Kids Lacking At-Home Enrichment Gain Most From Head Start: Study
  Moving Out of Poor Neighborhood May Disrupt Boys' Mental Health: Study
  Shared Family Activities May Boost Preschoolers' Emotional Health
  Younger Siblings of Kids With Autism May Show Early Signs of Problems
  When a Parent Dies, What Helps a Child Cope?
  When Smartphone Is Near, Parenting May Falter
  More Evidence That Bullying Raises Kids' Suicide Risk
  TV, Computer Time Tied to Heavier, Less Happy Kids: Study
  Rigid Parenting Style Linked to Obese Kids
  Violent Video Games Tied to Combative Thinking in Study
  Spanking Triggers Vicious Cycle, Study Finds
  Too Many Foster Kids With ADHD Treated With Antipsychotic Drugs: Study
  Language Problems Common for Kids With ADHD, Study Finds
  FDA Reconsiders Behavior-Modifying 'Shock Devices'
  1 in 13 U.S. Schoolkids Takes Psych Meds: Report
  Kids' Happiness Doesn't Depend on 2 Natural Parents, Says Study
  FDA Advisers: Ban Use of Behavior-Modifying 'Shock Devices'
  By 9 Months, Baby's Visual Learning Kicks In: Study
  Altruism May Help Shield Teens From Depression: Study
  Working With Horses May Ease Stress in Kids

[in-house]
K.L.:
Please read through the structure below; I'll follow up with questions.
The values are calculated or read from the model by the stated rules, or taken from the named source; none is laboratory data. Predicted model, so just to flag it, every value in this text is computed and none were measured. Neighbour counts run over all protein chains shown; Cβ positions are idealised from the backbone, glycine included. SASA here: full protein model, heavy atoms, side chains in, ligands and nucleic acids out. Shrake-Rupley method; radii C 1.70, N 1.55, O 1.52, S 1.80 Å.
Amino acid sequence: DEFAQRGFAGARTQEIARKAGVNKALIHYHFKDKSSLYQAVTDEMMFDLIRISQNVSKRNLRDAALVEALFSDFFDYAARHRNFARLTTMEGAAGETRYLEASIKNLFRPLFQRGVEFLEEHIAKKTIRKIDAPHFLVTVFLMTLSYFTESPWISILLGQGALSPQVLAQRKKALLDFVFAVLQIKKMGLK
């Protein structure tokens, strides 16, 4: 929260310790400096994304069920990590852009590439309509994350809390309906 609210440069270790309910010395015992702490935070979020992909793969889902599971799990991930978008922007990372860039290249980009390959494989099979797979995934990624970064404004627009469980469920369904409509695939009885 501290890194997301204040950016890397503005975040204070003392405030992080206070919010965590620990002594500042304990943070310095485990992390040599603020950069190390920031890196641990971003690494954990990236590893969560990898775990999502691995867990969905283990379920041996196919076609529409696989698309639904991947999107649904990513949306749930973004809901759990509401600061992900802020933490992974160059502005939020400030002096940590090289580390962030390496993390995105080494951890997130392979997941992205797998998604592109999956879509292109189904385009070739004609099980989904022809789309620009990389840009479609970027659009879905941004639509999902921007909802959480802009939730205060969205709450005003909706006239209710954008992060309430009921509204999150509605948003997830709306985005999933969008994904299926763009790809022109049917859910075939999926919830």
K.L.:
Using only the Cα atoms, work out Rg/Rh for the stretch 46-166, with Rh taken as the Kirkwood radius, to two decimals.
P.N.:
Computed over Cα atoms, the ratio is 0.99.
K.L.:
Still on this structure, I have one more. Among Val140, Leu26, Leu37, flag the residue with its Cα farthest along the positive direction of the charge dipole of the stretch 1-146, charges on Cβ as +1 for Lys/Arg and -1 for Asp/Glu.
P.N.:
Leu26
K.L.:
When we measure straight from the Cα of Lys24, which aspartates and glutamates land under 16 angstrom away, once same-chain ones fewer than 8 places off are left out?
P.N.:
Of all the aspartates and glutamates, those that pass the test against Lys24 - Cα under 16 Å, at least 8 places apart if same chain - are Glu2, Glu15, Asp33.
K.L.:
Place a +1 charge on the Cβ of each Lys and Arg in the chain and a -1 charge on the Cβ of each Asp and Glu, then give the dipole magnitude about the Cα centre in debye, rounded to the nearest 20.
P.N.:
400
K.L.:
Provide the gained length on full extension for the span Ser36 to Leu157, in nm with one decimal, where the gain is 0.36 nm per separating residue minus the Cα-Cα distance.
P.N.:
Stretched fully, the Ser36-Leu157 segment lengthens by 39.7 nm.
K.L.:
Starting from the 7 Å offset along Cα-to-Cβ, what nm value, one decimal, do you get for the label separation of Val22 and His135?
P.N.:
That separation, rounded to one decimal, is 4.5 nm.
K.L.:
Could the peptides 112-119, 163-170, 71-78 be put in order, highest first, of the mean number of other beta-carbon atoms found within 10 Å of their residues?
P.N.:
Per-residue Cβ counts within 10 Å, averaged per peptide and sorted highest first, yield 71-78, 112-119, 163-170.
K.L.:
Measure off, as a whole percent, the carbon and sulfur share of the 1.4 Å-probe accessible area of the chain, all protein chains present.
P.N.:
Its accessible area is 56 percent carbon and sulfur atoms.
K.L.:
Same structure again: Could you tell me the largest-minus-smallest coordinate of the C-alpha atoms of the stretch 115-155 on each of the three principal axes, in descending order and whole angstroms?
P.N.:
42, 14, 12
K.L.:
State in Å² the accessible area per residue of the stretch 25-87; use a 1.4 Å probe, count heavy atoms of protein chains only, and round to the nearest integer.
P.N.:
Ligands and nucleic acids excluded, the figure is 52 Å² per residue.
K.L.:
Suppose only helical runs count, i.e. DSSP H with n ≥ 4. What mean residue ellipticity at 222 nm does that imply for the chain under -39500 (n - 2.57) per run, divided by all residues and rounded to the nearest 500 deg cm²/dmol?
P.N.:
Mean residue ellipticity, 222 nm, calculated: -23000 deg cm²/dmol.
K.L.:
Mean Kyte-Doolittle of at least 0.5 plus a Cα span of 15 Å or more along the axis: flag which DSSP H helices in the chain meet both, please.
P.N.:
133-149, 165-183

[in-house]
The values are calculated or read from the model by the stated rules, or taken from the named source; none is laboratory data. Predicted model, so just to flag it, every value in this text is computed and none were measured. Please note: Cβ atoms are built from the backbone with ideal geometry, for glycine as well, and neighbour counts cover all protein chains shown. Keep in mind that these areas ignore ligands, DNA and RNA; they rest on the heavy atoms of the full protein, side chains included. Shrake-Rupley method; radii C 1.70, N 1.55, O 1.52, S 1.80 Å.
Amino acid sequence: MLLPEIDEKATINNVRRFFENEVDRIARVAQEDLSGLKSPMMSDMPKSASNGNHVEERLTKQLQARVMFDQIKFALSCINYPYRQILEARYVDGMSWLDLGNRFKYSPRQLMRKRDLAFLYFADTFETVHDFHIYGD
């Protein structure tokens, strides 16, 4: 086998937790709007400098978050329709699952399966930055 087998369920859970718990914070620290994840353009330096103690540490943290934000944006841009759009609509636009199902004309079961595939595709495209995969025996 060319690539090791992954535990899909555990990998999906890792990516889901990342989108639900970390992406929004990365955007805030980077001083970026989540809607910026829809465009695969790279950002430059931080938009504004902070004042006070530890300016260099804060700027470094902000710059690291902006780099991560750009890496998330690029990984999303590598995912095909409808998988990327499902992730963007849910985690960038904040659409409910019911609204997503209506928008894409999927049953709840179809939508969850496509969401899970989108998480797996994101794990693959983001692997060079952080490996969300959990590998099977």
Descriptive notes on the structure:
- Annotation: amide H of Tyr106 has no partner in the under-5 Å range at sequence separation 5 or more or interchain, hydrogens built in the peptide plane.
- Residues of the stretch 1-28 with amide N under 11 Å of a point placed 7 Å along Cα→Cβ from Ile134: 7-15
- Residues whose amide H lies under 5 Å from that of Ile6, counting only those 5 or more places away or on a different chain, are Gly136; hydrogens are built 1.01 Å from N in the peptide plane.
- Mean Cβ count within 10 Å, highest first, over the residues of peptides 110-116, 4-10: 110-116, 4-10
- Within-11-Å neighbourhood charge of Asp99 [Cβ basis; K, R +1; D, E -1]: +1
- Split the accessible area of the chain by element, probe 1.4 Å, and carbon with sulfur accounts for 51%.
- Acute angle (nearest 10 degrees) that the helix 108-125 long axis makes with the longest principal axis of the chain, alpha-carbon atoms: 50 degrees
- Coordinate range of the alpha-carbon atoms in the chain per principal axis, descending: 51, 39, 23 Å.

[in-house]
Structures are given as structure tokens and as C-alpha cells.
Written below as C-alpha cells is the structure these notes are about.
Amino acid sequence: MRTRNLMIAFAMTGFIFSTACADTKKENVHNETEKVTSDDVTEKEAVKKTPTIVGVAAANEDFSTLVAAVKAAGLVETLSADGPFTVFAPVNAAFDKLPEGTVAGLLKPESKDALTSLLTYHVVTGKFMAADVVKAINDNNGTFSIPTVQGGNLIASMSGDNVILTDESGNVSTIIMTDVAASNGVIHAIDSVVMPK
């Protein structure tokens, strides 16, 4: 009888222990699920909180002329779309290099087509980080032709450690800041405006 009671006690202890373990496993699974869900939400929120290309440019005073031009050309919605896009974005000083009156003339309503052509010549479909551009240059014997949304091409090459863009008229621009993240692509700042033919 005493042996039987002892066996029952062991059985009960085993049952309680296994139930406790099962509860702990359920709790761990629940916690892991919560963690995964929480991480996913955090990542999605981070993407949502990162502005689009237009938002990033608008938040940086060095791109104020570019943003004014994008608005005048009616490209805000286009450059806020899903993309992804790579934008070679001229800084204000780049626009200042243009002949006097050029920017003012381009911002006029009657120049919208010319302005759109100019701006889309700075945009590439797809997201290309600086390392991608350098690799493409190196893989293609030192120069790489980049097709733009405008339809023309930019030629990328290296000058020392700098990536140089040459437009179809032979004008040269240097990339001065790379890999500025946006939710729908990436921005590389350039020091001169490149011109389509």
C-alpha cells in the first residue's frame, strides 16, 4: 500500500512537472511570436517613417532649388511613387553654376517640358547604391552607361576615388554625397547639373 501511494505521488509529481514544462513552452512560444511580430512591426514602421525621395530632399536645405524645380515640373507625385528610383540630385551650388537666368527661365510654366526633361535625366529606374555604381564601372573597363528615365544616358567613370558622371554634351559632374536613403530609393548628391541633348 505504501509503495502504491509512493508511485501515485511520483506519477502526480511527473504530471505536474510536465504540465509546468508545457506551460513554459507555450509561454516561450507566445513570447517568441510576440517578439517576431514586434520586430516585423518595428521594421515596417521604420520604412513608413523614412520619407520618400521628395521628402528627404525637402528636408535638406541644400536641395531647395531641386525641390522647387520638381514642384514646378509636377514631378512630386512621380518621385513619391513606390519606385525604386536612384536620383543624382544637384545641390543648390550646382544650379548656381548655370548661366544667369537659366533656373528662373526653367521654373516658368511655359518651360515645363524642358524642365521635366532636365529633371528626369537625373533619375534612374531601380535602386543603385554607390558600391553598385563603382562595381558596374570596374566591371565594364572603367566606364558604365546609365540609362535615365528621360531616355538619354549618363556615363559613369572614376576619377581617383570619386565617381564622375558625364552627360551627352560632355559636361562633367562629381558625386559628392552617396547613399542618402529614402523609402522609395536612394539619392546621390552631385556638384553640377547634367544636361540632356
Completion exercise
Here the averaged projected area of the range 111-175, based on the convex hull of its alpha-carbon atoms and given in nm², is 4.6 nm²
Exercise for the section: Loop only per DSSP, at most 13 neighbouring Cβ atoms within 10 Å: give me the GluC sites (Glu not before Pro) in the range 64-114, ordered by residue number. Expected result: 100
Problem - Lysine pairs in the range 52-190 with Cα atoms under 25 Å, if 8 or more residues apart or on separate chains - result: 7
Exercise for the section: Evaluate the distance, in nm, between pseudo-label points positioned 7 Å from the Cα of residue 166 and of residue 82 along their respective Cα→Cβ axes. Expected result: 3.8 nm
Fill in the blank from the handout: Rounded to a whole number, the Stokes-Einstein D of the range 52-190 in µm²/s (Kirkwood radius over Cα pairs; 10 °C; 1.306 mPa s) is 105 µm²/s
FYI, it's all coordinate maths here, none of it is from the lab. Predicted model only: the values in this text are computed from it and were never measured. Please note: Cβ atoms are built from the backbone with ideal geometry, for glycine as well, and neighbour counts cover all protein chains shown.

U.S. Kids Experiencing Less Violence: Surveys
  Calling Young Girls 'Fat' May Increase Their Teen-Obesity Risk
  Violent Older Siblings Set Bad Example
  Your Kids May Not Be Ignoring You on Purpose
  Cyberbullying Knows No Socio-economic Bounds
  Boston Marathon Bombings Left Psychological Scars on Kids
  Dads Who Do Housework May Spur Daughters to Aim High: Study
  1 of 8 U.S. Kids Mistreated Before Age 18, Study Finds
  Kids' Obesity Risk Rises With Parents' Divorce: Study
  Teen Bullies, Victims Armed More Than Other Kids, Study Says
  Cool Teens, Uncool Future?
  ADHD Drugs May Up Risk of Heart Problems in Kids, Study Finds
  Researchers See Link Between Dyslexia, Abuse
  Kids Still Getting Too Much 'Screen Time': CDC